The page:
For the longest time, with focus on hyperactivity, ADHD was considered to be a boys’ disorder. The initial criteria used to diagnose ADHD focused on hyperactivity until the late 1960’s, when inattentive and impulsive behaviors were added. As we know, girls have a higher prevalence of inattentive behaviors. However, until recently, major research studies, especially those following ADHD across the life span, have focused on boys. As a result, our information on how ADHD impacts girls is evolving, slowly but surely.
Rates of Diagnosis for Males and Females
So, what is the difference in diagnosis of ADHD between males and females? The answer varies, depending on the source of the data and how it was collected. According to the Center for Disease Control website, parents reported that approximately 9.5% of children 4-17 years of age (5.4 million) were diagnosed with ADHD as of 2007. Boys (13.2%) were more likely than girls (5.6%) to have been diagnosed with ADHD. However, and perhaps surprisingly, over time the ratio of males to females with ADHD evens out to 1:1. Why? Because females are more likely to be diagnosed during adolescence and adulthood.
Boys with ADHD tend to be easier to identify, as their boundless energy often disrupts activities and exhausts their teachers and parents. Girls, however, tend to be quieter and better able to mask the kinds of difficulties ADHD causes. As a result, ADHD in girls is often overlooked – sometimes until middle school, high school or even adulthood.
In addition to differences around diagnosis, there are distinct differences in the way that ADHD shows up in boys versus girls. This is an area of emerging research, so always be on the lookout for new information.
While these are not hard and fast rules to the way that ADHD symptoms appear, a review of the literature of the differences in ADHD in girls and boys is reflected in this chart.
- More often demonstrate Inattentive tendencies
- Diagnosed at older ages
- Greater likelihood of internalizing problems
- Have more difficulties with friendships
- May have increased feeling of self-doubt
- Societal expectations of girls may result in less tolerance from adults
- Estrogen may impact effects of medication
- Symptoms often become worse in adolescence
- May work harder to “hide” their symptoms in an effort to meet expectations
- May exhibit more covert behavior like lying
- Are more likely to engage in self-harm, like cutting or suicide
- Higher rates of co-existing disorders like depression
- More frequently demonstrate Hyperactive tendencies
- Easily spotted at younger ages
- More externalizing, acting out problems
- More easily accepted by peers
- Self-concept may not be as affected
- Behaviors caused by ADHD may be tolerated because they are typical “boy” behaviors
- Less obvious impact of hormones
- Maturation may result in improvement in symptoms
- Less concerned about what others think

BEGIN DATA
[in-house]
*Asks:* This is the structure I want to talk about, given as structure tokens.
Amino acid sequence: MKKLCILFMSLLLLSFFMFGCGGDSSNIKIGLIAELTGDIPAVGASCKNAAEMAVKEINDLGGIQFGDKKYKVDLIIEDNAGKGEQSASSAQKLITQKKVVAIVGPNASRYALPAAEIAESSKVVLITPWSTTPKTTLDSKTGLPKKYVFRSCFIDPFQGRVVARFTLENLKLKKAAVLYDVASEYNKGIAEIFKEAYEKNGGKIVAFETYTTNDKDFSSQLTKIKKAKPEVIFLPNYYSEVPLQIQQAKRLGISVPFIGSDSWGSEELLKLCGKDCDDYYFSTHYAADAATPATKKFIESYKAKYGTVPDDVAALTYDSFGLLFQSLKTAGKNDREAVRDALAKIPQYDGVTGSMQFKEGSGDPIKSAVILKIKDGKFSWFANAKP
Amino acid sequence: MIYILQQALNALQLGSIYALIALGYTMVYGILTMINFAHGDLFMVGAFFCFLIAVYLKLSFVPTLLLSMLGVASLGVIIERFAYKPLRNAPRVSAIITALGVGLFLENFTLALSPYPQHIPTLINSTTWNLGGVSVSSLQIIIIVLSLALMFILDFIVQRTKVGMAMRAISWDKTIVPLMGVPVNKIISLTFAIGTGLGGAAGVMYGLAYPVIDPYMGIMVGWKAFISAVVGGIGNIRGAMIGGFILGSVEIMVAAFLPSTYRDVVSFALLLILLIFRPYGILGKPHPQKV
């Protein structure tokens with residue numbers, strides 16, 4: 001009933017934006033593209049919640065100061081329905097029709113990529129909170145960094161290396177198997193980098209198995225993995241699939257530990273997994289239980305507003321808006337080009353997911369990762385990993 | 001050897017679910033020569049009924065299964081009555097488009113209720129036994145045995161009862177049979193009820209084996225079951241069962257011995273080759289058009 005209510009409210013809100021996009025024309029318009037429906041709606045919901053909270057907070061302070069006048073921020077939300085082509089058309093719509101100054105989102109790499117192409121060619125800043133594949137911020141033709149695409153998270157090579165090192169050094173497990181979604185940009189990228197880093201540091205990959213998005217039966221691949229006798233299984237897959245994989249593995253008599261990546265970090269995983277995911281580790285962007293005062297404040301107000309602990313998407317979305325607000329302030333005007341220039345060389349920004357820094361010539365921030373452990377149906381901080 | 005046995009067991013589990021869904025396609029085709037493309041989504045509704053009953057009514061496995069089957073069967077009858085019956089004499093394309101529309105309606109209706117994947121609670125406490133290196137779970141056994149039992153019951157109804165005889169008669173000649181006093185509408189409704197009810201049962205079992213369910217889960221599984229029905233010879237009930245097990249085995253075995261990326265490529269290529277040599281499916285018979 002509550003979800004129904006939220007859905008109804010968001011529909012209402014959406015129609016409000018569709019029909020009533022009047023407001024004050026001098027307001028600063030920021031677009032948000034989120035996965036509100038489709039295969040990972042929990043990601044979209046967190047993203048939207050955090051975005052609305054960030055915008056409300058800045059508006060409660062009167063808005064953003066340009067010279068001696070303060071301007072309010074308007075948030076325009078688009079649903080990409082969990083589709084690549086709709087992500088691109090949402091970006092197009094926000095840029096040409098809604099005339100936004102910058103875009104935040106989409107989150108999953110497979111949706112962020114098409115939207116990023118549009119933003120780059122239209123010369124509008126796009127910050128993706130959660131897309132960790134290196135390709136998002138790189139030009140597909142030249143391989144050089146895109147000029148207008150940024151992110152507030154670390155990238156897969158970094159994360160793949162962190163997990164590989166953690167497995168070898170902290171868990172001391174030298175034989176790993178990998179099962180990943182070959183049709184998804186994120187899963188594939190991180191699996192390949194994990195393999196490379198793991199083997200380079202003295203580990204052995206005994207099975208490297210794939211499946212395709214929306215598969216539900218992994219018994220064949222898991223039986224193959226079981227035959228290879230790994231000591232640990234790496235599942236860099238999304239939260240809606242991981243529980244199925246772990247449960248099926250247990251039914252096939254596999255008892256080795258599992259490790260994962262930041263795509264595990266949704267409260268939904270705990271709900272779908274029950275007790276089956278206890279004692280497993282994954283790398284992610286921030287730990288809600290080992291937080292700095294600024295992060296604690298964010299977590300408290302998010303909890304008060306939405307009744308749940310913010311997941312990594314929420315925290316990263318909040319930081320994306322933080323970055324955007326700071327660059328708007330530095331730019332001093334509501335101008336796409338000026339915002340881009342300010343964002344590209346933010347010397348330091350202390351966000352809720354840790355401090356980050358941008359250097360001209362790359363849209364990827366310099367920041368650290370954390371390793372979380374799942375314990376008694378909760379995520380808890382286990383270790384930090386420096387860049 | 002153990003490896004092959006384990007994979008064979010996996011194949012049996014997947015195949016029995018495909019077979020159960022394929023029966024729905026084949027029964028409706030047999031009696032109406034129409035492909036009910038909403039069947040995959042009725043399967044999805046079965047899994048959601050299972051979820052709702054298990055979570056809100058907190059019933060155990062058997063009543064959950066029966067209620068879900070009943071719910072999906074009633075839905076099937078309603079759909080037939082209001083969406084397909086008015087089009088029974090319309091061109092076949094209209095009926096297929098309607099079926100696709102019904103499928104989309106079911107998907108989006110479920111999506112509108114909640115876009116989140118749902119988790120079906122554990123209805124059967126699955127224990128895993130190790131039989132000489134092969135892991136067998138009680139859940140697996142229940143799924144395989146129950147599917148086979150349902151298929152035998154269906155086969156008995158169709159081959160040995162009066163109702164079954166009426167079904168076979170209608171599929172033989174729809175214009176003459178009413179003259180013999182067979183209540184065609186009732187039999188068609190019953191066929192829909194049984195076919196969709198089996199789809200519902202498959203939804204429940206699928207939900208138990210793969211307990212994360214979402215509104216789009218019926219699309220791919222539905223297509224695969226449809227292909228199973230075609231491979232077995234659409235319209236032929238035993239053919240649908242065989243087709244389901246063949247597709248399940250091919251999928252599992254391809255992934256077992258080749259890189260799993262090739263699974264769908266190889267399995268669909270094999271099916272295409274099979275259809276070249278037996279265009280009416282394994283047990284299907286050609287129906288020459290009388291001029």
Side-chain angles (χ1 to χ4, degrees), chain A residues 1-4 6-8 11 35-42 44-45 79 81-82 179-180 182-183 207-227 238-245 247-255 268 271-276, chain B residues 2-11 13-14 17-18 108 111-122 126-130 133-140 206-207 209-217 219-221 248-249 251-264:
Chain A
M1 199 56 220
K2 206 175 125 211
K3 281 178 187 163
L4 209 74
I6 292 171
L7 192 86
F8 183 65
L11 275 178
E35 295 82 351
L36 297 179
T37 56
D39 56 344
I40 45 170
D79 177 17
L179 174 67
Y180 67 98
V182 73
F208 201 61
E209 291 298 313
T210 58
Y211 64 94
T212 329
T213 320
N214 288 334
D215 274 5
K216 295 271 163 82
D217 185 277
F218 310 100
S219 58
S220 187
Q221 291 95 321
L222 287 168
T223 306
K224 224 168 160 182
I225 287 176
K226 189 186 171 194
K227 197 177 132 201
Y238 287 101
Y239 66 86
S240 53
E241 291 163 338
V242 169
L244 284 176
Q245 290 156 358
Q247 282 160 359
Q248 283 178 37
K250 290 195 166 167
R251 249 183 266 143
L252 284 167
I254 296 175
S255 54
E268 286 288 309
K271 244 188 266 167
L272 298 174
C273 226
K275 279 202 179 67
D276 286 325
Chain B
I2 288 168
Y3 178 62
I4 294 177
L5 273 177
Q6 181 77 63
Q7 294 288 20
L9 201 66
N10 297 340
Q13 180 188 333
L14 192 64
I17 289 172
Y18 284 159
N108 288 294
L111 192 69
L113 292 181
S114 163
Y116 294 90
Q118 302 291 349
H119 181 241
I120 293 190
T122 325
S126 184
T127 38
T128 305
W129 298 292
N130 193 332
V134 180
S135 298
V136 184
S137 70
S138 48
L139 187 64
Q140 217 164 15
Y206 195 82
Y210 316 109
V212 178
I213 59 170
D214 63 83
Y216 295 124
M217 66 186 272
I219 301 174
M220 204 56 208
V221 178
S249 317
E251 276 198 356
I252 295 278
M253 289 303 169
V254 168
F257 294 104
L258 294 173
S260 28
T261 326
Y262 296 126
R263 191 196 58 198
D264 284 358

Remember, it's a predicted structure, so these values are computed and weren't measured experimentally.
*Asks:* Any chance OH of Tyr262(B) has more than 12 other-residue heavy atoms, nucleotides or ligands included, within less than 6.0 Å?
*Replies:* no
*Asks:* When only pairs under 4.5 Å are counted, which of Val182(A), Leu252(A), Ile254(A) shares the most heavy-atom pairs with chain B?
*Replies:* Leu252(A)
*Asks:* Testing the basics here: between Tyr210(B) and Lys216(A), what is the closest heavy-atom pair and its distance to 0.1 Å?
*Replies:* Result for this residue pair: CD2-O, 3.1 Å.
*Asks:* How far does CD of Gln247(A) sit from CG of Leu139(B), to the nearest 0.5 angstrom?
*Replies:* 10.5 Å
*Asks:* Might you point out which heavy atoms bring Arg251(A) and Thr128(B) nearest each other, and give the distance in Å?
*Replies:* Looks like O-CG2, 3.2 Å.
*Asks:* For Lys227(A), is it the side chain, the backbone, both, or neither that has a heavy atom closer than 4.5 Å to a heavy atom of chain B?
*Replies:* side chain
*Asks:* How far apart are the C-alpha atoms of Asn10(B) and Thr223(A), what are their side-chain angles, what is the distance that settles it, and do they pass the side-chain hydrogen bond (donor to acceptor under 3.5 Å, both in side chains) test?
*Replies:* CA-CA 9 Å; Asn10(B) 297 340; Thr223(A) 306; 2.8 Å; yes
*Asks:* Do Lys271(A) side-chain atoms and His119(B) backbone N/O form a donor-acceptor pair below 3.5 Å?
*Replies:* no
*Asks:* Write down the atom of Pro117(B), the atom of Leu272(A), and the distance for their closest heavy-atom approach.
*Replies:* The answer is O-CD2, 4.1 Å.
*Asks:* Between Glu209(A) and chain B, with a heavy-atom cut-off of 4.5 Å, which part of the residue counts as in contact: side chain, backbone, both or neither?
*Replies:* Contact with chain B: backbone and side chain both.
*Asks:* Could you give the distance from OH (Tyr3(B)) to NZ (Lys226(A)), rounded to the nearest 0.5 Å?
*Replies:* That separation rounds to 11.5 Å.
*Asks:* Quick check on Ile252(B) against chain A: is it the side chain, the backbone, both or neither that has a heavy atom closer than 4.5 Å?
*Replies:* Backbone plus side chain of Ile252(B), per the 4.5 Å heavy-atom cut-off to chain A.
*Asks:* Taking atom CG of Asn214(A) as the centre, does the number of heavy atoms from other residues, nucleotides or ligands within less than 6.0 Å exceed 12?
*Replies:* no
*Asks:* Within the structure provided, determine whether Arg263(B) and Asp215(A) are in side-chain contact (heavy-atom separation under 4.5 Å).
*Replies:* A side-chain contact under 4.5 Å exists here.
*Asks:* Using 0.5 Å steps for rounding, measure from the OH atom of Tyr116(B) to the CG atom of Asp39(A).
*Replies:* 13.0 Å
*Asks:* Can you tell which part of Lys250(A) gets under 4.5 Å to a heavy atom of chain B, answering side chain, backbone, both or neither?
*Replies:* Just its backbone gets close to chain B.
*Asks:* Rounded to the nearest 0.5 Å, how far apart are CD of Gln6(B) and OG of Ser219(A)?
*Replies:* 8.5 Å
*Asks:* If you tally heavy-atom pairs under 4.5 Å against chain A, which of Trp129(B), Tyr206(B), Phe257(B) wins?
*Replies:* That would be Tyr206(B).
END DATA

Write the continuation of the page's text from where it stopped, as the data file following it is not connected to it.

- May exhibit more overt, aggressive behaviors
- Less likely to internalize difficulties
- Higher rates of co-existing disorders like Oppositional Defiant Disorder and Conduct Disorder
Effects of Maturation
Maturation effects boys and girls with ADHD differently. Girls often have more problems during the teenage years, but the reasons are still unclear. It’s not news that girls begin to develop earlier than boys. They have more unpredictable moods and behaviors based on hormonal changes. It is possible that increased estrogen and other hormonal fluctuations during the menstrual cycle can affect serotonin and dopamine, the feel-good neurotransmitters in the brain, and result in oversensitivity and emotionality (this is still under study). When that is coupled with the complex social dynamics of adolescent girls, the results can aggravate symptoms of ADHD. Also, since girls tend to be diagnosed later, and early interventions are not as common, their challenges are often not addressed before puberty.
On the other hand, maturation sometimes results in improvement in boys with ADHD because their hyperactivity seems to lessen with age. However, while boys’ ability to attend may improve with age, they may show some increased risk-taking behaviors and feelings of invincibility in adolescence, possibly due to testosterone increasing with age.
The research tells us that girls with ADHD are often rejected by other girls, both with and without ADHD. Girls already may feel awkward and out of place among peers because of ADHD, and puberty can make those feelings more pronounced. Girls with ADHD are often plagued with the feeling that they don’t fit in, and have a far greater need than boys for relationship and emotional connection. Girls are expected to navigate social relationships based more on communication. If a girl has trouble attending to and responding to the complex give and take of conversation among girls, she may feel more and more disconnected.
Boys’ interactions usually don’t have the same level of complexity as girls’. Boys often connect with other boys through sports and activities, so the social impact of ADHD is lessened.
Often children with ADHD have additional diagnoses, like learning disabilities, depression or oppositional defiant disorder. While studies vary on their findings, there are some general trends. Girls tend to have more internalizing disorders, like depression, eating disorders, and anxiety. Boys tend to have more externalizing disorders, like oppositional defiant and conduct disorders. In particular, girls are at higher risk for developing self-mutilation disorders, such as cutting or burning.
Regardless of the differences in the presentation of ADHD in boys compared to girls, one thing is certain. ADHD is a chronic disorder, requiring monitoring, treatment and management into adulthood.
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